American Art Collector



Inspired by Willa Cather’s 1913 novel O Pioneers!, Jennifer Nehrbass’ latest series dreamily combines the Old West, fashion and fabricatio­n in a style best described as “magical realism”—as the artist herself puts it. Pioneer Project takes its pilgrimage to Julie Nester Gallery this March, bringing figures and landscapes along for the ride.

“Jennifer’s paintings have always resonated with our clients,” gallery owner Julie Nester says. She continues, “But the paintings in Pioneer Project have created a higher degree of interest and dialogue. The figurative paintings have especially been appreciate­d. Not only are they visually beautiful, but the fictional narrative of women as the explorers and documentar­ians has a relevancy that is powerful at this time in our society.”

Rather than directly re-creating a person, object, place or moment in time, Nehrbass employs a variety of fact and fiction to create her artwork, spawning from both what she’s experience­d in real life and elements created entirely from her own imaginatio­n.

The landscapes in Pioneer Project, for example, are not meant to depict real places, nor are they meant to be interpreta­tions.

“One of the reasons I really love doing the landscapes is they’re kind of like a dream postcard that I give to people,” she says. “But they’re not real.”

The women she depicts in the series— chic, bold and confident—fall into the same category. “There’s a lot of falseness in it, but it leans true when you first look at it,” Nehrbass notes.

Without knowing anything about her background, elements from fashion design are unavoidabl­e upon first look of Nehrbass’ figures. So, it should come as no surprise that she spent 10 years working as a design director for Ralph Lauren before pursuing her art career full time.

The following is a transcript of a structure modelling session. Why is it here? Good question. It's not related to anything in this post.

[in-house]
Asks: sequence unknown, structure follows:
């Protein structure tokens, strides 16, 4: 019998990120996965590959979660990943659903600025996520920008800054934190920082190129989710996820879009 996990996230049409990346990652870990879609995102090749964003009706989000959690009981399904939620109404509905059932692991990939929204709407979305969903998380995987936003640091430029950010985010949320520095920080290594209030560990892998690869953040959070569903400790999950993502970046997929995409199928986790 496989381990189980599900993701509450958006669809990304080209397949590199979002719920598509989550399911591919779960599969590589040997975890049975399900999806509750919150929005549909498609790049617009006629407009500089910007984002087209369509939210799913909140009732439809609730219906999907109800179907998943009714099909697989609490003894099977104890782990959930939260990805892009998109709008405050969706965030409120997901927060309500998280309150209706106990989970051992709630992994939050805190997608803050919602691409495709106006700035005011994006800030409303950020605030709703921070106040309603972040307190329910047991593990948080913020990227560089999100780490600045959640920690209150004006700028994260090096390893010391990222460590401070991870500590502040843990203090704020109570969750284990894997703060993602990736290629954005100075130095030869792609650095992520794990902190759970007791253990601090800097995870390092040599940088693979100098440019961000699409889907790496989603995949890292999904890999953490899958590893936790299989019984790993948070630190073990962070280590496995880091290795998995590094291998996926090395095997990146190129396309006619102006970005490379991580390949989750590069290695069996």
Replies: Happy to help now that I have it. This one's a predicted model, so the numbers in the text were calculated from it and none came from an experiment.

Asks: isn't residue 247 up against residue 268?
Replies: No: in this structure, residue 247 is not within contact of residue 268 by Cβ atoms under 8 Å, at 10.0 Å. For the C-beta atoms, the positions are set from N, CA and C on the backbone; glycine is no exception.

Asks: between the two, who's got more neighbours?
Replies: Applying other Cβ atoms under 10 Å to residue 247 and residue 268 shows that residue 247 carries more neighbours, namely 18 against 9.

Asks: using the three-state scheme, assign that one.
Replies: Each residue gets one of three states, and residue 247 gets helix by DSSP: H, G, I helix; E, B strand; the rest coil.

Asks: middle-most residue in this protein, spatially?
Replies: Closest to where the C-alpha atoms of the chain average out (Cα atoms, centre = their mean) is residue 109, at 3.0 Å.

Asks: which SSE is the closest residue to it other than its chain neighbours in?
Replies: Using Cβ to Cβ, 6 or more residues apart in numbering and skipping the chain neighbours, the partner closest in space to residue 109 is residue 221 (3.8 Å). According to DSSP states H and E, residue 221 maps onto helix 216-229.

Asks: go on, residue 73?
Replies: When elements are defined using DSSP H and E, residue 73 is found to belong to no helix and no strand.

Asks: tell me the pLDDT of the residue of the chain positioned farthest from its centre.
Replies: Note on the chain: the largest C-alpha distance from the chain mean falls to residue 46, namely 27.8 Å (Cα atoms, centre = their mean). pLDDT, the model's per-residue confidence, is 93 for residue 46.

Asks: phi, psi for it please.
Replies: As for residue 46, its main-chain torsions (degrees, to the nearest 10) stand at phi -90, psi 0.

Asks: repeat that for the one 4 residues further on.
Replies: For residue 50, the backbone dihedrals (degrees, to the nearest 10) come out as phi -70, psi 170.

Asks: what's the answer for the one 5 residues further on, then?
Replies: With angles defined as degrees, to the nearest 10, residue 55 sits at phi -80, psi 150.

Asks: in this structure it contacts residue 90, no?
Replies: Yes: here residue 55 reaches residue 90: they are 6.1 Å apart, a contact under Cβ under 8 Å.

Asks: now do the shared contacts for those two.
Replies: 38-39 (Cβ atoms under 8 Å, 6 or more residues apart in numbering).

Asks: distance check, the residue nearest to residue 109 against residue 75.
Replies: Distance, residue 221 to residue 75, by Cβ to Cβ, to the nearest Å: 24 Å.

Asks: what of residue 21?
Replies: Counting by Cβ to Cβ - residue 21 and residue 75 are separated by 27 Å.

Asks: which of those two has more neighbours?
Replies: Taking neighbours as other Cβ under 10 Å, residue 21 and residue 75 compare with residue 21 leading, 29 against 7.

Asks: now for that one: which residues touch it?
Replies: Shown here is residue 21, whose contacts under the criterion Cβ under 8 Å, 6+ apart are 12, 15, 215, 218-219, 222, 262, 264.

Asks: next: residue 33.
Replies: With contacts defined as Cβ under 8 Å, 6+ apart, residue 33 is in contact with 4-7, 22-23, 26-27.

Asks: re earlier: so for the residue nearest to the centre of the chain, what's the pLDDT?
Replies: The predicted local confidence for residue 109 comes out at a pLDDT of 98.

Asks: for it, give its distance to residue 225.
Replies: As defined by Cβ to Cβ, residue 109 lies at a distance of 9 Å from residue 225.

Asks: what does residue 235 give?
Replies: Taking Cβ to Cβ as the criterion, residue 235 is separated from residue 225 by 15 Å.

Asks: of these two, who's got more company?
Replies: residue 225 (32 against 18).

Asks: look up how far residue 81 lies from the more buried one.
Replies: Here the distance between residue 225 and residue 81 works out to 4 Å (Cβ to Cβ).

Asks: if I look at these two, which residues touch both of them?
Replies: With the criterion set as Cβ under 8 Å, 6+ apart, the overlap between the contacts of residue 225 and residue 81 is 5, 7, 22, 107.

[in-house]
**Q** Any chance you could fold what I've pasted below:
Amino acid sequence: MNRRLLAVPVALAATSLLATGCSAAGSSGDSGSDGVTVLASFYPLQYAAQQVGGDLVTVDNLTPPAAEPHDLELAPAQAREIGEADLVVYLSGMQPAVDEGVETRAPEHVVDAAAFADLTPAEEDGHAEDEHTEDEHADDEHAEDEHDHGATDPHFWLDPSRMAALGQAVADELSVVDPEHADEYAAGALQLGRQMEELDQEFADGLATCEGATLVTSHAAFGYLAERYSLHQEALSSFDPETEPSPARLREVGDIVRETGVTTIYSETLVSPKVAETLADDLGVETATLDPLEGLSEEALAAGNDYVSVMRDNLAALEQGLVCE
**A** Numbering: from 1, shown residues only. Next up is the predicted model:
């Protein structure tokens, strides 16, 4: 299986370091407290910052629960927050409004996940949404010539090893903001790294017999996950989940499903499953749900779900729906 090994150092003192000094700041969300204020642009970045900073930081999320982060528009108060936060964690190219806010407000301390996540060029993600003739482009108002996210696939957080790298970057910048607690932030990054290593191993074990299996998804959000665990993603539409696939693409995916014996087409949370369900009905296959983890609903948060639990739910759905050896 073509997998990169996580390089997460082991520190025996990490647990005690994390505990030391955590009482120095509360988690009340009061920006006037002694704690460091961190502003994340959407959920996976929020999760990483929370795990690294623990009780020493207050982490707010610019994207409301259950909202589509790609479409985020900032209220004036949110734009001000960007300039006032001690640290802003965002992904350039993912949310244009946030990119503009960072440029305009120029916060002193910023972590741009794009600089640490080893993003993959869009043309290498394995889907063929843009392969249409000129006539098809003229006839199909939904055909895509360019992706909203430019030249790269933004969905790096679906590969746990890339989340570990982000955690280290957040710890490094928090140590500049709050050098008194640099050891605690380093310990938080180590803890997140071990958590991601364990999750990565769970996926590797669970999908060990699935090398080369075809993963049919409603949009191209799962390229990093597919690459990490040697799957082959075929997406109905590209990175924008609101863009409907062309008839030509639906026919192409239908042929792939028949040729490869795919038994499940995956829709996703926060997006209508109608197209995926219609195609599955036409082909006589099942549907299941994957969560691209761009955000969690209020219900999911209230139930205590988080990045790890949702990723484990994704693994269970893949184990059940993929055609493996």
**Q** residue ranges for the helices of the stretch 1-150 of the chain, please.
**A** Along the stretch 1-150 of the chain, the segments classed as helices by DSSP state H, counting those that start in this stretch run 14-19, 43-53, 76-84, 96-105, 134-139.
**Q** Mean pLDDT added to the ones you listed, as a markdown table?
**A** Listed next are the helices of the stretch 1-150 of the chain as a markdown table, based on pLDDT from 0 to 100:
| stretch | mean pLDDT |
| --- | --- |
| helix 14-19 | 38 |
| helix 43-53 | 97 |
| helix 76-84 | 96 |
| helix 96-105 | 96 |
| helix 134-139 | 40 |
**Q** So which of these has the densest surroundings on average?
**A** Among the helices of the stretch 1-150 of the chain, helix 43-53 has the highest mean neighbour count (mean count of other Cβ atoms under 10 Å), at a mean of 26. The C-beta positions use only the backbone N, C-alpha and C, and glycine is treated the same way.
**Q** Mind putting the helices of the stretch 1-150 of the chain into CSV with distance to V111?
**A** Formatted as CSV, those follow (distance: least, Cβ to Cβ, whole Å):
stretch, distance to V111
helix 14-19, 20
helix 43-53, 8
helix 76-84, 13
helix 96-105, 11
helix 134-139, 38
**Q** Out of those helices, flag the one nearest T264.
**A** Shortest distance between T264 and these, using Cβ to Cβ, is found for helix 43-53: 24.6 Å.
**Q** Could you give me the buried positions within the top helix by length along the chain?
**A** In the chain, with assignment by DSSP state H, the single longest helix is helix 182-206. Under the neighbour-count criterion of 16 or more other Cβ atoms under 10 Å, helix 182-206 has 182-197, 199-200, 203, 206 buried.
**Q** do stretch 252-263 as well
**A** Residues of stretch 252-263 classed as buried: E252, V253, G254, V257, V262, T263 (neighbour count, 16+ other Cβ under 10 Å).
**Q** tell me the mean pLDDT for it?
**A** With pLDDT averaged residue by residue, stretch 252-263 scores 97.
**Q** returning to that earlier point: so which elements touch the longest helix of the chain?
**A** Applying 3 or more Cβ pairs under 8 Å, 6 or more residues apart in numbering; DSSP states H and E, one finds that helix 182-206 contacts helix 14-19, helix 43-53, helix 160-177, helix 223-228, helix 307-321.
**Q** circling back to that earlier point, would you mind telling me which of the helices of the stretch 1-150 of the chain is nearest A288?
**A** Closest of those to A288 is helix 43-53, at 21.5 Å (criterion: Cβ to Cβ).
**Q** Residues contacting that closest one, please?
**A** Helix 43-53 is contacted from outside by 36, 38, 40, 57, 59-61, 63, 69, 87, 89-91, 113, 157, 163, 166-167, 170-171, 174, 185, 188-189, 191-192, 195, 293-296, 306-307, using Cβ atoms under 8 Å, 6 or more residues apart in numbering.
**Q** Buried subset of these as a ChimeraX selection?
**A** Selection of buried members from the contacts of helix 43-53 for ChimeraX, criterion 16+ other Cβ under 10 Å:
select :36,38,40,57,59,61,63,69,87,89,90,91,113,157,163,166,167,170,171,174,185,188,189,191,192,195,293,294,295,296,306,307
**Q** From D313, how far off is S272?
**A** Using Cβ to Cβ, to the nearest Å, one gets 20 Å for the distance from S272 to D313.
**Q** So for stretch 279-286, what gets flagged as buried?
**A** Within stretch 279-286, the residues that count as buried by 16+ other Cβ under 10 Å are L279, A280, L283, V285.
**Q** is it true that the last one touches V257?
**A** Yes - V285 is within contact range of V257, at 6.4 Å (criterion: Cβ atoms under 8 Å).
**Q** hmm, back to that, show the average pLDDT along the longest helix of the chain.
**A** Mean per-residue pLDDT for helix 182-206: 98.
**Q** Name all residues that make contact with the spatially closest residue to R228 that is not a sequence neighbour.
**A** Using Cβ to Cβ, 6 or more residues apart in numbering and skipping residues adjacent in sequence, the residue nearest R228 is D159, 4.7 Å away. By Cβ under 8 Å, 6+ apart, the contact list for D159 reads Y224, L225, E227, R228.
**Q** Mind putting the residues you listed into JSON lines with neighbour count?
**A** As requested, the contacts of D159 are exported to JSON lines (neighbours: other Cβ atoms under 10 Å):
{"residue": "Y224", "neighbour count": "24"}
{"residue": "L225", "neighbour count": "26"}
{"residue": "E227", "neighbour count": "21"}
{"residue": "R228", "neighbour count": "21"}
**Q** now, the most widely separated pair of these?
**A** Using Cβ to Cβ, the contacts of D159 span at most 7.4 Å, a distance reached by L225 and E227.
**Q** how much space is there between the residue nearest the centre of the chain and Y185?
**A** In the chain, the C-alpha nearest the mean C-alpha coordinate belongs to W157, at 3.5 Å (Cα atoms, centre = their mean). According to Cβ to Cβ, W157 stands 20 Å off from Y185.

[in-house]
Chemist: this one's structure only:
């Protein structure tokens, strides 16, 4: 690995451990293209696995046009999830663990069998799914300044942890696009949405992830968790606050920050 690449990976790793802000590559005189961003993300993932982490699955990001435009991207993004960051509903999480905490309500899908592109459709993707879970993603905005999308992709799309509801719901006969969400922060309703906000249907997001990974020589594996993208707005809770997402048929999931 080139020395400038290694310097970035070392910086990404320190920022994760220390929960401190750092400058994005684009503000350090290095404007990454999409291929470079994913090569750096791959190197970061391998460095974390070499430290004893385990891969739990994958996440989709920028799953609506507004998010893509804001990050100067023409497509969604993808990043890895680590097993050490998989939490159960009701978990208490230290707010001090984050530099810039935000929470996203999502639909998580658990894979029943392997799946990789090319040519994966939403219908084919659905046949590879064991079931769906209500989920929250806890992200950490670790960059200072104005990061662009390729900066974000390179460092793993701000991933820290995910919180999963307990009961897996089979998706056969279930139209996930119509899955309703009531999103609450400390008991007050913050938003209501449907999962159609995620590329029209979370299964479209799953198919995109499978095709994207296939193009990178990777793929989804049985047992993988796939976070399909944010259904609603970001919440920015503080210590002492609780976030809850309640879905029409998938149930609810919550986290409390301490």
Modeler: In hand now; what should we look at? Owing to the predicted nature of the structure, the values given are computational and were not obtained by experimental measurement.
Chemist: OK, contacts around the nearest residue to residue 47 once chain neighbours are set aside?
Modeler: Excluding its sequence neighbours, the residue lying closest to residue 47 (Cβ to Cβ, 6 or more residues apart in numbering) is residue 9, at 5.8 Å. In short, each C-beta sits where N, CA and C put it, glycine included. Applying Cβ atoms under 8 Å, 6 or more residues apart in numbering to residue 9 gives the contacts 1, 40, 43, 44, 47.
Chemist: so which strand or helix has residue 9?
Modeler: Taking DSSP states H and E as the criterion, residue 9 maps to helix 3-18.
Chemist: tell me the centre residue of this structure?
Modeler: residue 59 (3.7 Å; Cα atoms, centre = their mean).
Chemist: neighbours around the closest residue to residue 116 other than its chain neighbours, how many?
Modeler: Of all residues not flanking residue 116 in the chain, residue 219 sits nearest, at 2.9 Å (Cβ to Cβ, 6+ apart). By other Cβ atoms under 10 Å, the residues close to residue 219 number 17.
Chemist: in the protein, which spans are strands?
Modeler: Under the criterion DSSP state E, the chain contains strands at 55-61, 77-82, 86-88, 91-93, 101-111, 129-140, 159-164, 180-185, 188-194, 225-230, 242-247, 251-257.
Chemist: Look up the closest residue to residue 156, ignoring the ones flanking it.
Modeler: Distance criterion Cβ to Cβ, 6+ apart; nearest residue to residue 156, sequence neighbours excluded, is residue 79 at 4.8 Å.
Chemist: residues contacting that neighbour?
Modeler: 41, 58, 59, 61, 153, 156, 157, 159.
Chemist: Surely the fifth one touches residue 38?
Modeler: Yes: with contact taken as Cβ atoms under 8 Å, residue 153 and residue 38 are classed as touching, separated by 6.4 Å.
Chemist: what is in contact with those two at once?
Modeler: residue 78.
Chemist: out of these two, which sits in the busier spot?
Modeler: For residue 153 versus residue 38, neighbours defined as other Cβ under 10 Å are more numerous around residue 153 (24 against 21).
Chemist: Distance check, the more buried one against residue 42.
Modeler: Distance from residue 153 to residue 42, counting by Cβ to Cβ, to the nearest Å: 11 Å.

“What I took from working at Ralph Lauren into my painting is using patterns, gestures and environmen­ts in my work and using fabrics and lighting to tell stories. The patterning is always really important. I was very intentiona­l to make [Pioneer Project] not look so Western and mix textile design from different areas of history. It’s a very transcende­ntal style of the patterns,” she says. “I think people will appreciate the difference­s between the realism and patterning. There’s a little bit of juxtaposit­ion between beauty and tension.”

Antonia, Nehrbass’ favorite painting from the series, is a prime example of this. “She kind of has this forlorn look. She has a pioneer hat on…I think it shows this tension between what could have been as far as the West and what could be. That tension is really quite lovely,” she says.

The painting, which reminds Nehrbass of the Lone Ranger, is about as blatantly Western as Pioneer Project gets. “This is a mythical thing,” she says. “If you’ve ever walked into a Western art museum, it’s always from the men’s perspectiv­e and I thought it would be really interestin­g to show the story from a female protagonis­t’s perspectiv­e. It’s reinterpre­ting from a woman’s point of view what it would look [like] had it been different out West.”

Pioneer Project will be on view from March 1 through March 26.

 ??  ?? 1Antonia, oil on canvas, 48 x 36"2Willa, oil on canvas, 48 x 30"3Marie, oil on canvas, 48 x 30"4Blue Narrows, oil on canvas, 48 x 65"
1Antonia, oil on canvas, 48 x 36"2Willa, oil on canvas, 48 x 30"3Marie, oil on canvas, 48 x 30"4Blue Narrows, oil on canvas, 48 x 65"
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